4. Finally, you apply the value of the current vertex within the vertices.

Scheduling the Job

Now that you’ve created the job, you need to run it. Unity has outlined the correct way to approach this. Their motto is: “Schedule Early, Complete Late”. This means, schedule the job and wait as long as possible before ensuring its completion and collecting its values.

For you, this means schedule Update() and ensure its completion in LateUpdate(). This prevents the main thread from hanging while it waits for a job to complete.

Why would the main thread hang if it’s running in parallel? Well, you can’t retrieve the data inside a job until it completes. Before you do either, add these two variables to the top of WaveGenerator:

JobHandle meshModificationJobHandle; // 1
UpdateMeshJob meshModificationJob; // 2
  1. This JobHandle serves three primary functions:
    • Scheduling a job correctly.
    • Making the main thread wait for a job’s completion.
    • Adding dependencies. Dependencies ensure that a job only starts after another job completes. This prevents two jobs from changing the same data at the same time. It segments the logical flow of your game.
  2. Reference an UpdateMeshJob so the entire class can access it.

Now, add the following within Update():

// 1
meshModificationJob = new UpdateMeshJob()
{
    vertices = waterVertices,
    normals = waterNormals,
    offsetSpeed = waveOffsetSpeed,
    time = Time.time,
    scale = waveScale,
    height = waveHeight
};

// 2
meshModificationJobHandle = 
meshModificationJob.Schedule(waterVertices.Length, 64);
  1. You initialize the UpdateMeshJob with all the variables required for the job.
  2. The IJobParallelFor’s Schedule() requires the length of the loop and the batch size. The batch size determines how many segments to divide the work into.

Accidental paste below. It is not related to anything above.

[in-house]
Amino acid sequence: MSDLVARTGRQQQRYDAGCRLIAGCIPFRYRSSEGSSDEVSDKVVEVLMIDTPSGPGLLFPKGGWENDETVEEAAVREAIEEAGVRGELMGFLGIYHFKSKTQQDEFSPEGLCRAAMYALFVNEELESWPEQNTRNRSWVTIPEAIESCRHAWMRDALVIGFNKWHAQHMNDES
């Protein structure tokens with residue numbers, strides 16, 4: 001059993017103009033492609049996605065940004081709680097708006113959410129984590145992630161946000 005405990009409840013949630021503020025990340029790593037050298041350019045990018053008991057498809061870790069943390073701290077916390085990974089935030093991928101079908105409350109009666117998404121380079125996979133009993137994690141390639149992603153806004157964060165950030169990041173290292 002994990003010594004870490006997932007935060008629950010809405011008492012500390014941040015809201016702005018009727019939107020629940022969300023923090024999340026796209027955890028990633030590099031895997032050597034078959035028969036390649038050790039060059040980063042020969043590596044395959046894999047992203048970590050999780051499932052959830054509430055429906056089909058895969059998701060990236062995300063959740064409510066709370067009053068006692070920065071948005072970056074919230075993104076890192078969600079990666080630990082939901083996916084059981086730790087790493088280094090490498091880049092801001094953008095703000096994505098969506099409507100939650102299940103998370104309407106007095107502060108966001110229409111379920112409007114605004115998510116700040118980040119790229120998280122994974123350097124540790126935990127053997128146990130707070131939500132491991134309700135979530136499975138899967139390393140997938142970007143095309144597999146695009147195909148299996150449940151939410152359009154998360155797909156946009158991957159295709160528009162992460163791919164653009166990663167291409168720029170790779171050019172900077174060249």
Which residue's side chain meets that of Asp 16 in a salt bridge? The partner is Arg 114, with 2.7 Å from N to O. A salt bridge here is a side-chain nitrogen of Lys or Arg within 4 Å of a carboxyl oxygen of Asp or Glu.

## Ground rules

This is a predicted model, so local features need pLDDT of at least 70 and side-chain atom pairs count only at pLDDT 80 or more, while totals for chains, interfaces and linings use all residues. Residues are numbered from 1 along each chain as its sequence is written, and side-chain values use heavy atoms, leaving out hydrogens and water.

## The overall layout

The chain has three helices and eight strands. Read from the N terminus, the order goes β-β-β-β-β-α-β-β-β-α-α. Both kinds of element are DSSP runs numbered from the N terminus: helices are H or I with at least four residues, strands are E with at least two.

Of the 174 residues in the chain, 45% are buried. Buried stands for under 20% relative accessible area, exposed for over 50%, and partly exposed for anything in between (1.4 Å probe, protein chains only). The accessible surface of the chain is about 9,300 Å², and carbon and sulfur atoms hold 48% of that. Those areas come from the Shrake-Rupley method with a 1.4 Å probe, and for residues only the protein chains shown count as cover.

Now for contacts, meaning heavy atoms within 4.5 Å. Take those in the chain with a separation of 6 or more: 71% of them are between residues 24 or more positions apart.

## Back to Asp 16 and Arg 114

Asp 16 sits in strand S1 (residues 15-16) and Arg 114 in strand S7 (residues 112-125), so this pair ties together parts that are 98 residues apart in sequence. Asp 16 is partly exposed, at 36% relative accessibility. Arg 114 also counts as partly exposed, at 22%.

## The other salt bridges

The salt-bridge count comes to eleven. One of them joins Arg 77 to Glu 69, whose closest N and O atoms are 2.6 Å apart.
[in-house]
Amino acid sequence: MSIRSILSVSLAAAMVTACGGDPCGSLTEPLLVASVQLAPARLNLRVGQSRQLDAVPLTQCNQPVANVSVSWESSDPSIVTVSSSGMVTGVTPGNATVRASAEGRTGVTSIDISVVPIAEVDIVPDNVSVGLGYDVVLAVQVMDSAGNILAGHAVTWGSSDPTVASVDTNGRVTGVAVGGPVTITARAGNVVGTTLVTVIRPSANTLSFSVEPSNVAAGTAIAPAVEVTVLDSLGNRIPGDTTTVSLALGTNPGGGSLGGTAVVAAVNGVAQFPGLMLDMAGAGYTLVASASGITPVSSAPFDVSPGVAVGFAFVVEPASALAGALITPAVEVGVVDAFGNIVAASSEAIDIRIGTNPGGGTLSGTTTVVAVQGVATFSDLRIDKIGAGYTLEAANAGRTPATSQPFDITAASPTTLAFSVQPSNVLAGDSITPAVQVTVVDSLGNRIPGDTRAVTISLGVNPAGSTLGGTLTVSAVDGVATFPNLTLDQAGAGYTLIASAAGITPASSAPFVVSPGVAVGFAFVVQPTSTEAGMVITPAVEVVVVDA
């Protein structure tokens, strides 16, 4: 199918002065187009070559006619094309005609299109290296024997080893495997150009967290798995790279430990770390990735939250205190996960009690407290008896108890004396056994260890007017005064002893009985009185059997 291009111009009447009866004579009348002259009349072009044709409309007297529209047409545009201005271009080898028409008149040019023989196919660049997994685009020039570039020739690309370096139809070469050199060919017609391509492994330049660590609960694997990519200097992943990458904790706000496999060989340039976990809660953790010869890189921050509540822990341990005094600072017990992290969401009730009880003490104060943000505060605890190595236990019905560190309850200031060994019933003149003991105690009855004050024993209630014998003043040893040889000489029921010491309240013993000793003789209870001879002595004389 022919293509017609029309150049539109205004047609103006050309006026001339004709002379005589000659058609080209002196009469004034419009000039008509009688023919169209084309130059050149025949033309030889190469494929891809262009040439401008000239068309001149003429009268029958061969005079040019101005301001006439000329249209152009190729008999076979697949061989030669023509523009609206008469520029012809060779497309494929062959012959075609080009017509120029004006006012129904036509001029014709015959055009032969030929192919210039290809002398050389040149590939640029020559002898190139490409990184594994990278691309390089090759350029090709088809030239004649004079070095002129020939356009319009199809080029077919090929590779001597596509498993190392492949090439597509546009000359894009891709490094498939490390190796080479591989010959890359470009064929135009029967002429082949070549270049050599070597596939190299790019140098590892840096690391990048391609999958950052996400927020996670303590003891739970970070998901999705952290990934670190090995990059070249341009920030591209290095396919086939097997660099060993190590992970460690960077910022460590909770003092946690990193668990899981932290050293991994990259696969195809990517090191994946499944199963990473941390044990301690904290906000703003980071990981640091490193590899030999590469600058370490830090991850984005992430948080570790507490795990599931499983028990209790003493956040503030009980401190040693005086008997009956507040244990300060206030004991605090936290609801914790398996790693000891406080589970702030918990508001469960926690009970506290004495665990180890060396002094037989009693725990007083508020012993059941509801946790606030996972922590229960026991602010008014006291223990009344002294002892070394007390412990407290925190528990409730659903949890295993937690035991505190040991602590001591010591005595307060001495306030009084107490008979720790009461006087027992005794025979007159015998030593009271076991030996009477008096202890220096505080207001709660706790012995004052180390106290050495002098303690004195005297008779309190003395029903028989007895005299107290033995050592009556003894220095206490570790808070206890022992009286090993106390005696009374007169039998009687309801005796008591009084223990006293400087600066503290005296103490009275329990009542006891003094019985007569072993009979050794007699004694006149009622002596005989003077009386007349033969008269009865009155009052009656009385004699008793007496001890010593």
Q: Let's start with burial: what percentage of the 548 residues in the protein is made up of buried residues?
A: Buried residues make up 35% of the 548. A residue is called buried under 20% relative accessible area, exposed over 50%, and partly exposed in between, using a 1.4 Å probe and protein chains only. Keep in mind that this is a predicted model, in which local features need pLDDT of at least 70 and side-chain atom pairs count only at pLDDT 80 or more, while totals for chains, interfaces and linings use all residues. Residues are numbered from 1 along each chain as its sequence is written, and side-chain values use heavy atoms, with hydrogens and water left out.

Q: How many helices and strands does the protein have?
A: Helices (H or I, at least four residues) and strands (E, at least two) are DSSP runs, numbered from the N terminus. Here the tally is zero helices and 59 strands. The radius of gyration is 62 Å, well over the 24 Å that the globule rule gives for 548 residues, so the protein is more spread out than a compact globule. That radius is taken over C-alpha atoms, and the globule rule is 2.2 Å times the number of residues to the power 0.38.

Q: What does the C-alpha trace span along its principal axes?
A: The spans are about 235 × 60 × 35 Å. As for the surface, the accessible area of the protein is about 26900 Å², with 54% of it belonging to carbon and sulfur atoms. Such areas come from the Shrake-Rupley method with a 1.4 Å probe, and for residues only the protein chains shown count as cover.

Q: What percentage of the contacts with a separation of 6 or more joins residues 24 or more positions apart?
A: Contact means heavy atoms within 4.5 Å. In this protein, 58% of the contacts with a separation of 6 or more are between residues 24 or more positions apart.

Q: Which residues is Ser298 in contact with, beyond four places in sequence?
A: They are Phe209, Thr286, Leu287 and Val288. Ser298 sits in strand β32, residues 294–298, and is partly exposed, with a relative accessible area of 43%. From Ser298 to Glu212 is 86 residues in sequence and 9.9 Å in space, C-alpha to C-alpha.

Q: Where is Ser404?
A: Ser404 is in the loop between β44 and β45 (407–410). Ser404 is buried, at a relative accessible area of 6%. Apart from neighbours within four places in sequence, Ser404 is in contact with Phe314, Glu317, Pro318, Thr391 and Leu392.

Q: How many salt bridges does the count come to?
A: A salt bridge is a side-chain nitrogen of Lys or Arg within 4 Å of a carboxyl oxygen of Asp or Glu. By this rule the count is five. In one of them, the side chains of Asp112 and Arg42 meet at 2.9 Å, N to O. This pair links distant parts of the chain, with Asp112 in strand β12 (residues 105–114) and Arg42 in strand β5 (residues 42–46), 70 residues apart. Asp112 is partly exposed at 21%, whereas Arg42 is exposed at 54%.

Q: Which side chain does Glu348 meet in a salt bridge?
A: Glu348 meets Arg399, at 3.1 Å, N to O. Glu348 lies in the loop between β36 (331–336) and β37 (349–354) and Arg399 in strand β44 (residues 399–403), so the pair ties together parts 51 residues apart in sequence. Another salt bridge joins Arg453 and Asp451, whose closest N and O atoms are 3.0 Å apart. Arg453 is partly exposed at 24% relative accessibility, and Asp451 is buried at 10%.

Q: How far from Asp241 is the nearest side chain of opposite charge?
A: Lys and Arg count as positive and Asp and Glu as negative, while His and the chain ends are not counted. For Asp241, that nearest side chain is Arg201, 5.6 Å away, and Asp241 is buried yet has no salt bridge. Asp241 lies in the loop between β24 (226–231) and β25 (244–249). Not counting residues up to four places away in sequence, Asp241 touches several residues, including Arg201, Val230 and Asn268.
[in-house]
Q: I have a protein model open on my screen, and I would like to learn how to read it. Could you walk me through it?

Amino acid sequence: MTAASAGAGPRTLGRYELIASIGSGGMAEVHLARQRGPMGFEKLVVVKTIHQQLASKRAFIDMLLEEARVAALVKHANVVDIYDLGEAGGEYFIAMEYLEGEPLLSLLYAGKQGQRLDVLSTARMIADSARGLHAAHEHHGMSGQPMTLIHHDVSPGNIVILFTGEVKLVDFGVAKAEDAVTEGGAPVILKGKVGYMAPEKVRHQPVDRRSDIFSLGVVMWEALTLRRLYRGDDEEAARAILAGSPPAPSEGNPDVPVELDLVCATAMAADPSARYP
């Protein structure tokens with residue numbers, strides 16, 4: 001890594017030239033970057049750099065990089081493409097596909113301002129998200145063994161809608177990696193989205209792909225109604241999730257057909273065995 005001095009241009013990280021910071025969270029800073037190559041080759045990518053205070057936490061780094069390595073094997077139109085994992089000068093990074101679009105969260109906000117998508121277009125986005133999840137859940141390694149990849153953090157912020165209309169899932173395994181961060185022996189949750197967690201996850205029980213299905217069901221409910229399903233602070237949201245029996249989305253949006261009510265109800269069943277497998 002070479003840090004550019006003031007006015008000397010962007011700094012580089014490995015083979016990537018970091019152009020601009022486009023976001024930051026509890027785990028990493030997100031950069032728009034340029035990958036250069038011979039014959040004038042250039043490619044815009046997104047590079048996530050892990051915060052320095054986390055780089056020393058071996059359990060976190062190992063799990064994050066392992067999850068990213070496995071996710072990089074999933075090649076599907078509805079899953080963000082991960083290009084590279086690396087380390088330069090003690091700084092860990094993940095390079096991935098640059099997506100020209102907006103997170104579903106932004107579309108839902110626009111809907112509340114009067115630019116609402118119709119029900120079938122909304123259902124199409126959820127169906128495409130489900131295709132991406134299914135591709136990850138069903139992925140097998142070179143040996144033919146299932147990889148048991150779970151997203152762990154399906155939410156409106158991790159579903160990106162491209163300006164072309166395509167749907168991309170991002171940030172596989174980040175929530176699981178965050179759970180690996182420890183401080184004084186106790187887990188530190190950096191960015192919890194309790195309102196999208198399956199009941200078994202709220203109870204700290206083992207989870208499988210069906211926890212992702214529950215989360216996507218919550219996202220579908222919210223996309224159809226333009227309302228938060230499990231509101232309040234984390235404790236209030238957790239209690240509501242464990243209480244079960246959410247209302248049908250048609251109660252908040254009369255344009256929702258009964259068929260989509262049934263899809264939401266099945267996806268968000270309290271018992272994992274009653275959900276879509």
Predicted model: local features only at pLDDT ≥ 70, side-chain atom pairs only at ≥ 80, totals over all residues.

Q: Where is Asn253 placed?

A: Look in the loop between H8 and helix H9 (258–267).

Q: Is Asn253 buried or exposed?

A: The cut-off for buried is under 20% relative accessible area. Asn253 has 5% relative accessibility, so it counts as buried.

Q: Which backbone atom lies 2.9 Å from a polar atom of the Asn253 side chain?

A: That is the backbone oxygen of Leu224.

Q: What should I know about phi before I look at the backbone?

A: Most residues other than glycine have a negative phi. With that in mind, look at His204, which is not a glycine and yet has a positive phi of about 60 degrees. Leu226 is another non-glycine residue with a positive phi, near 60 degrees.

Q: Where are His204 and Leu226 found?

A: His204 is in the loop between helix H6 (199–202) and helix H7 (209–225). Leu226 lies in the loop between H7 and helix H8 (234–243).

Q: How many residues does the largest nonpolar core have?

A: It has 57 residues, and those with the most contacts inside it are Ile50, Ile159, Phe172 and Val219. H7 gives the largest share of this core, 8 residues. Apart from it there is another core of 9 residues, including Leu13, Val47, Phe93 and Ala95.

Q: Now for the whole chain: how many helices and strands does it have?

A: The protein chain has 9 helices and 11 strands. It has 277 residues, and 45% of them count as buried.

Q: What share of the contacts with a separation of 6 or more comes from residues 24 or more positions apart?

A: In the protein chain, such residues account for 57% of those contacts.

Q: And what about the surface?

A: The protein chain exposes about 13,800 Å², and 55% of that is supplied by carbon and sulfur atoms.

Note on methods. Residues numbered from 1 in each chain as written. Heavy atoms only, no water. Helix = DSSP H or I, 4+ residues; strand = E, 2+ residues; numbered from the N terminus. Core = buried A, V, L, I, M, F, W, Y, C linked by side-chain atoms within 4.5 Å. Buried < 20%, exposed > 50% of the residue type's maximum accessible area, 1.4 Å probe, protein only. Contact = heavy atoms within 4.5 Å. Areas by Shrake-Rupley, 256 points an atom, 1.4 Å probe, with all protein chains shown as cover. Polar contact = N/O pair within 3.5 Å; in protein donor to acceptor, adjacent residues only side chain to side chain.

Completing the Job

Calling Schedule puts the job into the job queue for execution at the appropriate time. Once scheduled, you cannot interrupt a job.

Now that you’ve scheduled the job, you need ensure its completion before assigning the vertices to the mesh. So, in LateUpdate(), add the following:

// 1
meshModificationJobHandle.Complete();

// 2
waterMesh.SetVertices(meshModificationJob.vertices);
        
// 3
waterMesh.RecalculateNormals();

Here’s what this code is doing:

  1. Ensures the completion of the job because you can’t get the result of the vertices inside the job before it completes.
  2. Unity allows you to directly set the vertices of a mesh from a job. This is a new improvement that eliminates copying the data back and forth between threads.
  3. You have to recalculate the normals of the mesh so that the lighting interacts with the deformed mesh correctly.

Implementing the Burst Compiler

Save the script and attach the Water Mesh Filter and the wave parameters within the inspector on the Water Manager.

Setting up Variables

Here are the parameter settings:

  • Wave Scale: 0.24
  • Wave Offset Speed: 1.06
  • Wave Height: 0.16
  • Water Mesh Filter: Assign the reference from the scene

Press Play and enjoy the beautiful waves. Why go to the beach when you can watch this at home?

Mesh Modification Without Burst Compiler

Congratulations, you’ve used the Job System to create waves and they’re running effortlessly. However, something’s missing: You haven’t used the Burst compiler yet.

Burst Compiler Attribute

To implement it, include the following line, right above UpdateMeshJob:

[BurstCompile]